Sydney 2000 Volunteers. A decade of wasted legacy?

Closing Ceremony:
Sydney 2000

This week saw the 10 year anniversary of the Opening Ceremony of the Sydney 200o Olympic Games. A commemorative ceremony was held at the Olympic Stadium. Volunteers were excited there was finally a (semi) valid reason to get their uniforms out of mothballs and don them once again. It’s no coincidence that Lord Coe and the London 2012 team are in Sydney, hoping to emulate the magic that the volunteers added to the games.

I was one of the 45,000-odd people who took some time off work and volunteered, carrying a placard in the opening and closing ceremonies and working with doping control during the Olympic and Paralympic Games. I knew it would be a once-in-a-lifetime experience. And it was. Continue reading Sydney 2000 Volunteers. A decade of wasted legacy?

PhD on Event Legacy: results from a preliminary study

Build it and they will come? An analysis of the impact of the Australian Surf Life Saving Championships in Scarborough, Western Australia on sport development (a research summary*)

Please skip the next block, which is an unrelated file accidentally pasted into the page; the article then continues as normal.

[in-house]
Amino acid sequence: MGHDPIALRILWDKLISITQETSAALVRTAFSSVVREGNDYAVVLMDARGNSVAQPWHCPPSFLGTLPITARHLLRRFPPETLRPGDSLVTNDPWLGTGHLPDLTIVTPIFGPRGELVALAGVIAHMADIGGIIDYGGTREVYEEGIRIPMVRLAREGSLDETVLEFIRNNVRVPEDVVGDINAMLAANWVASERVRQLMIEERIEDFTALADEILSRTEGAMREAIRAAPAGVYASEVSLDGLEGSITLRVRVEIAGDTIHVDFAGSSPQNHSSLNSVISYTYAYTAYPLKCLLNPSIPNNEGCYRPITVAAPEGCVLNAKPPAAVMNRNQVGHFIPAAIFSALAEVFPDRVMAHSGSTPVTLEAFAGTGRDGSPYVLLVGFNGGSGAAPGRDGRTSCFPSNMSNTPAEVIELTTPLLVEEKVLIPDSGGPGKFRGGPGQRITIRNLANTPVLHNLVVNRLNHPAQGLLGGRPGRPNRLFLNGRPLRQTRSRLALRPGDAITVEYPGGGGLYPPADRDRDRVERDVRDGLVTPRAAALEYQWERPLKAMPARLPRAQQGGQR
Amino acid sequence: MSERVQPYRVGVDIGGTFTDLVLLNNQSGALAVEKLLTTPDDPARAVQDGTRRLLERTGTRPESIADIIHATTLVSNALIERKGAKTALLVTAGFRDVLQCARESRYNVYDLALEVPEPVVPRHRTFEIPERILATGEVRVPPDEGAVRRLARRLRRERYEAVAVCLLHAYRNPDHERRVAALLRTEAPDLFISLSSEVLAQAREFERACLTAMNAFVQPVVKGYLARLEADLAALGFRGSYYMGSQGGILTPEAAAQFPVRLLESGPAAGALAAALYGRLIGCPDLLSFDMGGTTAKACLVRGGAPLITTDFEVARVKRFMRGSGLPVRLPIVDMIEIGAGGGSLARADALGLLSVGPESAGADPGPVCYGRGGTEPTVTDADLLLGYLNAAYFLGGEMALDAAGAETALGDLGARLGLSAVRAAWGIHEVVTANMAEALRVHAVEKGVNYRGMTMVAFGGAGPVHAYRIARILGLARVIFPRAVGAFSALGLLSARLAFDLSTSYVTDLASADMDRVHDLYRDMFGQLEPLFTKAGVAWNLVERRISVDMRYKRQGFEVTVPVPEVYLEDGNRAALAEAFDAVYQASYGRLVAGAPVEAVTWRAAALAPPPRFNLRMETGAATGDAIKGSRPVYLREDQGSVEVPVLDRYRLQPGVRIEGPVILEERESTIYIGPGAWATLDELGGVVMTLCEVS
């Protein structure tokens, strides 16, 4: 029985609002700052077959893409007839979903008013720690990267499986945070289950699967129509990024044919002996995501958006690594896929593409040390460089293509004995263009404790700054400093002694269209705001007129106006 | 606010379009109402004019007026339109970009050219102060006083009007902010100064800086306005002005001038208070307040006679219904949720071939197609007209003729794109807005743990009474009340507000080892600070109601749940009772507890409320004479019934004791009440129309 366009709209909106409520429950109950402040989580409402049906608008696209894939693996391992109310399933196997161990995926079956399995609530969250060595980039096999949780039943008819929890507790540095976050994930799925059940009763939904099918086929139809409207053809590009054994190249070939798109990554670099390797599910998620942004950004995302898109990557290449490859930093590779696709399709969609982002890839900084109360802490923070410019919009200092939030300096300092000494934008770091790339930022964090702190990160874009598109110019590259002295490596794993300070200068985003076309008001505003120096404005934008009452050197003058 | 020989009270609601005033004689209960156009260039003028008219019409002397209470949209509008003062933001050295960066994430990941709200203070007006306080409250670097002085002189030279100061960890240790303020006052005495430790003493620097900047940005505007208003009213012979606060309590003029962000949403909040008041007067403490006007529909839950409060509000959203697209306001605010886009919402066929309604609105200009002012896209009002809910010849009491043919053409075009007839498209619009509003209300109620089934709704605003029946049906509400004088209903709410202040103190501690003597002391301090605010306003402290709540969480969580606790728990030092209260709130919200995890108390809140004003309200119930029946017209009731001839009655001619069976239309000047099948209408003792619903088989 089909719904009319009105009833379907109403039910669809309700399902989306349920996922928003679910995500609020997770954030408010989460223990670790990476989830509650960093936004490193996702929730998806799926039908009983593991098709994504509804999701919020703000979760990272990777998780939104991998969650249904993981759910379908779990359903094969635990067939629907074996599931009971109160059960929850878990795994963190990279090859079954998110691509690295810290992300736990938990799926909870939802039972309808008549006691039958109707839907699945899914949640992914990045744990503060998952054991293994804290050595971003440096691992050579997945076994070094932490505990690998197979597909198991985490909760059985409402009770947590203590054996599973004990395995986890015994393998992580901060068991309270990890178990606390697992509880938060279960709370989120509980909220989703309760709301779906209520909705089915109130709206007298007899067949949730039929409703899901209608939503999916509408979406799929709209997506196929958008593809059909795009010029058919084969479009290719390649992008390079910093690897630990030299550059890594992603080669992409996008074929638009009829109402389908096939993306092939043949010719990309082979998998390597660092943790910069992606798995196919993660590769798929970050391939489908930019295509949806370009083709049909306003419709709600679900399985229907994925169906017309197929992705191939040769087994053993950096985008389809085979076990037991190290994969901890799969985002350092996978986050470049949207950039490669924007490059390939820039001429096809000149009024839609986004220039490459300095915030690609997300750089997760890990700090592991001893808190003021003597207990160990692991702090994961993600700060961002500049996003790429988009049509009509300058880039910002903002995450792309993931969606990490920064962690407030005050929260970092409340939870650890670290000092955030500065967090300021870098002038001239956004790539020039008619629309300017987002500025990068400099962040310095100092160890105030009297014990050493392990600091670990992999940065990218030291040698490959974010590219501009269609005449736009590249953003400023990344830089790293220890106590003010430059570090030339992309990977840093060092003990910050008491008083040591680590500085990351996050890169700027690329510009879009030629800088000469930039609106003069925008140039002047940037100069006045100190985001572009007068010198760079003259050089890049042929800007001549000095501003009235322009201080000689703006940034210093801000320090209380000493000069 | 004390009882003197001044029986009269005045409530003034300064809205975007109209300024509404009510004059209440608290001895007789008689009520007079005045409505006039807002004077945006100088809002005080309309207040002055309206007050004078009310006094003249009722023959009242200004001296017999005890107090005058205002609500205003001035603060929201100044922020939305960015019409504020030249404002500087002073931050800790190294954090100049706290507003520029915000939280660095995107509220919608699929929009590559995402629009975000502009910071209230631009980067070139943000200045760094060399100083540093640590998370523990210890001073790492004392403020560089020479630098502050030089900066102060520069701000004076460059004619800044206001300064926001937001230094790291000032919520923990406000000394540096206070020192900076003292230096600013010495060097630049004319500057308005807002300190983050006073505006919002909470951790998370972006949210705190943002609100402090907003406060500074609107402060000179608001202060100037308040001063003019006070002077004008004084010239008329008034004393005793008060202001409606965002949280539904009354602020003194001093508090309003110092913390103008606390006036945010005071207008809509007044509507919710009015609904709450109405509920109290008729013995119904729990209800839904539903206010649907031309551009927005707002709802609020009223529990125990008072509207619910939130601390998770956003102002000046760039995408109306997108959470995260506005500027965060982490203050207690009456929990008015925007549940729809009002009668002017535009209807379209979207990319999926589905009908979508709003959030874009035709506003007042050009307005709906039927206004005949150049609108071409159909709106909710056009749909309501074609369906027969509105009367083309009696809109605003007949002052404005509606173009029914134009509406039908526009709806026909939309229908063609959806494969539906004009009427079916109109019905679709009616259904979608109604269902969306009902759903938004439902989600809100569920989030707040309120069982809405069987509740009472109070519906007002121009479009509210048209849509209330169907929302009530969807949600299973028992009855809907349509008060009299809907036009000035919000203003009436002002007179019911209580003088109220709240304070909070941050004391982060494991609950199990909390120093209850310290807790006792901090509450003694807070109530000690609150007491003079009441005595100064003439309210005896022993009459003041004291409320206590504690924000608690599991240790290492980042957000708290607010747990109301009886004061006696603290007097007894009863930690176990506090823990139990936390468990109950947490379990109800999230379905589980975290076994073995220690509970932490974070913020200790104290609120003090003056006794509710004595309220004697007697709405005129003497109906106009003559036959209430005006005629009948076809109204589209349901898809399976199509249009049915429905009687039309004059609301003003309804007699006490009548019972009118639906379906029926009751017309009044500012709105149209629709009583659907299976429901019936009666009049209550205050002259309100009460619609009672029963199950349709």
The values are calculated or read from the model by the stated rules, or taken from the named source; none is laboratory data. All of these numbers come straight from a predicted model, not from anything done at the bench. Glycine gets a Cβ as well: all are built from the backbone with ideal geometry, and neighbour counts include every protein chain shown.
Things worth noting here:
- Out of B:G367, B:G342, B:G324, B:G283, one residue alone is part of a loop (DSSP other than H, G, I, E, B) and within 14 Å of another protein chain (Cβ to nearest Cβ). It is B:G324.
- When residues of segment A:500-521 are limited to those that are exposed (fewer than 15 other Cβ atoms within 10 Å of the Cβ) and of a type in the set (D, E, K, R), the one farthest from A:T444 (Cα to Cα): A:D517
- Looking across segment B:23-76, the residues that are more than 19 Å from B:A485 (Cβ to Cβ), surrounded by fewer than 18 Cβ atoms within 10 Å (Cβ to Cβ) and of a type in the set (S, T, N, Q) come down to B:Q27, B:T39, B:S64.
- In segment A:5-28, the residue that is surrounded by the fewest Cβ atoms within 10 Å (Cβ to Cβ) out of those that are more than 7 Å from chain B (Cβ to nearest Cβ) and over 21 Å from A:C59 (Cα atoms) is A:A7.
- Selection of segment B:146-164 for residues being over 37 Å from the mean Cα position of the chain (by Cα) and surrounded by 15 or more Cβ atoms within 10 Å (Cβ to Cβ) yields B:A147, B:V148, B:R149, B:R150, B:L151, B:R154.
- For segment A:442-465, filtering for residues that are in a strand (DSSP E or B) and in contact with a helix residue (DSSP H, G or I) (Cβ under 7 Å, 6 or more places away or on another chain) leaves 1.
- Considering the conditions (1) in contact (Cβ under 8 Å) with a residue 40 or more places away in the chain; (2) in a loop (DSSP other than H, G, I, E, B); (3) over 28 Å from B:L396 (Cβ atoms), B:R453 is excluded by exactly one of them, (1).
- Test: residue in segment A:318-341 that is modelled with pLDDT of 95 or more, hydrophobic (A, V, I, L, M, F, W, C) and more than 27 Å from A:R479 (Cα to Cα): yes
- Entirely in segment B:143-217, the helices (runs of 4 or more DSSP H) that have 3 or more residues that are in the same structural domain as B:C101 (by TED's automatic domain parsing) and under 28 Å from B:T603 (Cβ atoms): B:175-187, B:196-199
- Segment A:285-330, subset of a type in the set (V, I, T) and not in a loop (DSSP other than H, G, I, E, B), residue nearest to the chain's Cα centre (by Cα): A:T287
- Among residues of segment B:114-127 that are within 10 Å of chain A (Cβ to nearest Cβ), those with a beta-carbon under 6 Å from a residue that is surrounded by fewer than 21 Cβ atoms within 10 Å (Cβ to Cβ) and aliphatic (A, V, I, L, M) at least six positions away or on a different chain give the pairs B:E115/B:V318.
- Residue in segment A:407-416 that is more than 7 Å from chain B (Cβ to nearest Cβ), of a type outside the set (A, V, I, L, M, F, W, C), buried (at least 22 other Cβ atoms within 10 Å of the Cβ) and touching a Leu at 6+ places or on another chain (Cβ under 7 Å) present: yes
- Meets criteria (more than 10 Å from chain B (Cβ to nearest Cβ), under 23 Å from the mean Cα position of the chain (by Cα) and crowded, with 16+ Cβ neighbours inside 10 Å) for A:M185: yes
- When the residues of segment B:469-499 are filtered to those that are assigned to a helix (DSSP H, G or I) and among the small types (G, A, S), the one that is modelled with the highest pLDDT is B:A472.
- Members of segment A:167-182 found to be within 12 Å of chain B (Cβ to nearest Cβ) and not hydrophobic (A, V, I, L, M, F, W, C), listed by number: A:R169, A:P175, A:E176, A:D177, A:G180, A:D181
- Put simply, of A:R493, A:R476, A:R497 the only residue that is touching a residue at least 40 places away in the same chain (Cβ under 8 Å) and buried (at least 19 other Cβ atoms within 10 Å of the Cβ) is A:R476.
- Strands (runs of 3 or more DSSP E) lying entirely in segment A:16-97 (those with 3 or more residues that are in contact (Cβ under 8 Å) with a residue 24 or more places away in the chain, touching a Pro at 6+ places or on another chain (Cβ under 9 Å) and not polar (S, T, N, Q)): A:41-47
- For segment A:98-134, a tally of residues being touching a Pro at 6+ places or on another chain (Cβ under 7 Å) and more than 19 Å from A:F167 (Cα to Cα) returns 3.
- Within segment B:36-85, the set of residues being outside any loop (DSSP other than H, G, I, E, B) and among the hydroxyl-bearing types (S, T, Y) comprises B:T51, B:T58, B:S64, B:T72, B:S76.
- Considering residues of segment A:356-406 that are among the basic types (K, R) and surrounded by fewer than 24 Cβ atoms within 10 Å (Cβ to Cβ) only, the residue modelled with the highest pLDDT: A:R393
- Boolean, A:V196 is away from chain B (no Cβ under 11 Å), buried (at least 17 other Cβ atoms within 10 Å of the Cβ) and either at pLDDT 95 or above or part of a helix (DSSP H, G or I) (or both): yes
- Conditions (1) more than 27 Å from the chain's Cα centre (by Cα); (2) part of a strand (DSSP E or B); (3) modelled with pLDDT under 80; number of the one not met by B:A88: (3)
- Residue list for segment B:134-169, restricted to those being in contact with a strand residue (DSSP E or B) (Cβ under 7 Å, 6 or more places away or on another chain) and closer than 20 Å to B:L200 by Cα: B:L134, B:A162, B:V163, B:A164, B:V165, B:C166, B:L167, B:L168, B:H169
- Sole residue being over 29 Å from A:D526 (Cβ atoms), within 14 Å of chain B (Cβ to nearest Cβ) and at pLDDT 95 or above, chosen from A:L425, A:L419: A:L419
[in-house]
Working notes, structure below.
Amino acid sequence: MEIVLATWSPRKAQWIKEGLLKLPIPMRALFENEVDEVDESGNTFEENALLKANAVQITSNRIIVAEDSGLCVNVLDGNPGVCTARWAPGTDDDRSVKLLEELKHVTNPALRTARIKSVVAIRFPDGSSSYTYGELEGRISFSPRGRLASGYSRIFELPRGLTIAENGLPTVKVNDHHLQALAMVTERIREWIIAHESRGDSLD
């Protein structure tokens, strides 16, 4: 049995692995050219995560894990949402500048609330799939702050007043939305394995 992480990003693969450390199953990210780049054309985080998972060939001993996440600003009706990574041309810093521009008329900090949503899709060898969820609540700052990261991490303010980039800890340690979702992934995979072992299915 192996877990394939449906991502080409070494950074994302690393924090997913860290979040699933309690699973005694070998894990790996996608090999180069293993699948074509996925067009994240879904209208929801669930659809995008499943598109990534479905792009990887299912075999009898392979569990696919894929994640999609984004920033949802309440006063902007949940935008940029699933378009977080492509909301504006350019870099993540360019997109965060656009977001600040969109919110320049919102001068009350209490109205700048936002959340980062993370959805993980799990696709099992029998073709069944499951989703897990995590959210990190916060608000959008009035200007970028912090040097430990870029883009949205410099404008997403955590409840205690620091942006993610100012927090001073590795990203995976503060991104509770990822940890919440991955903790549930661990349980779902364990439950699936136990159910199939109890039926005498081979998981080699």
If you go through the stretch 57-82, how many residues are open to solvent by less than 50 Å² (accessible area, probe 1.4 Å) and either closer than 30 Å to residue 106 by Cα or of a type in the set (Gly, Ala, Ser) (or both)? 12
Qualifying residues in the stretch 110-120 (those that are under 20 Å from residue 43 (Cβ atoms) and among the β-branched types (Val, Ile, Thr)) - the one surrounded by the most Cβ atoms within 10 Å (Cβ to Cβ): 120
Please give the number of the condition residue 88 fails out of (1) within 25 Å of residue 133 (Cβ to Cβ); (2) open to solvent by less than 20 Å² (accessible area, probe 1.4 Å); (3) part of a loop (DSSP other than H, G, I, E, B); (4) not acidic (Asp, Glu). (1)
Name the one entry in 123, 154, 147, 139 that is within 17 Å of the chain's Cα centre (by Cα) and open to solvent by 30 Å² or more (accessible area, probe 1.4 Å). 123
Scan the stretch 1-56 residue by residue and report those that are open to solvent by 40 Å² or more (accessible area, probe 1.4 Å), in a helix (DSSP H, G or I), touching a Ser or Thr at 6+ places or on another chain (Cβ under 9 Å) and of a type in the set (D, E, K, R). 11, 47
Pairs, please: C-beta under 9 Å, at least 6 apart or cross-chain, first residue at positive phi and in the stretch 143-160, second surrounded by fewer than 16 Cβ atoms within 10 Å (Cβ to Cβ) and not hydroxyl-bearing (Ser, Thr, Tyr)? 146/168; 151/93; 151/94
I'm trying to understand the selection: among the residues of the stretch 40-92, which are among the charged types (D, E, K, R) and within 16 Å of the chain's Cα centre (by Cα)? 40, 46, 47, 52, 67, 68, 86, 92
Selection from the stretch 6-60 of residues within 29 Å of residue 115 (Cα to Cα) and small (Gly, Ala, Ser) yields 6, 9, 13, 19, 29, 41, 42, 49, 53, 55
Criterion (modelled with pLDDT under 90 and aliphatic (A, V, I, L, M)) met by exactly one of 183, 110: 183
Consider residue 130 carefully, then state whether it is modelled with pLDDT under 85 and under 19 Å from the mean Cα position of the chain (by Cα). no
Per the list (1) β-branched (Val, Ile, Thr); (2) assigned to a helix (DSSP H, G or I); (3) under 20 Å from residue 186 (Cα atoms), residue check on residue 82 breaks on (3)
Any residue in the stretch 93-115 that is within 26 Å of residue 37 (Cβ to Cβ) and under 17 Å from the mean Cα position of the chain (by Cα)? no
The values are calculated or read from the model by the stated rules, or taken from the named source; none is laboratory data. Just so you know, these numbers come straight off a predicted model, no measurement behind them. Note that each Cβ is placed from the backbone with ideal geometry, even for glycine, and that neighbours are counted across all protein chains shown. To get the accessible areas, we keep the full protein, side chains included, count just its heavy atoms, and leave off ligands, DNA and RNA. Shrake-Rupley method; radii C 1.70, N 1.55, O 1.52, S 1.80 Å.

It is commonly believed that major sporting events should provide ongoing benefits, including increased participation in the sport and physical activity in general. This is becoming an increasingly important aspect of hosting a major sporting event and it is commonly recommended that event organisers consider how a major event can benefit the development of the sport. In terms of providing ongoing legacies, it is not a case of “build it [an event] and they [legacies] will come”; a conscious, sustained effort is required in order to create a legacy that will benefit sport. Continue reading PhD on Event Legacy: results from a preliminary study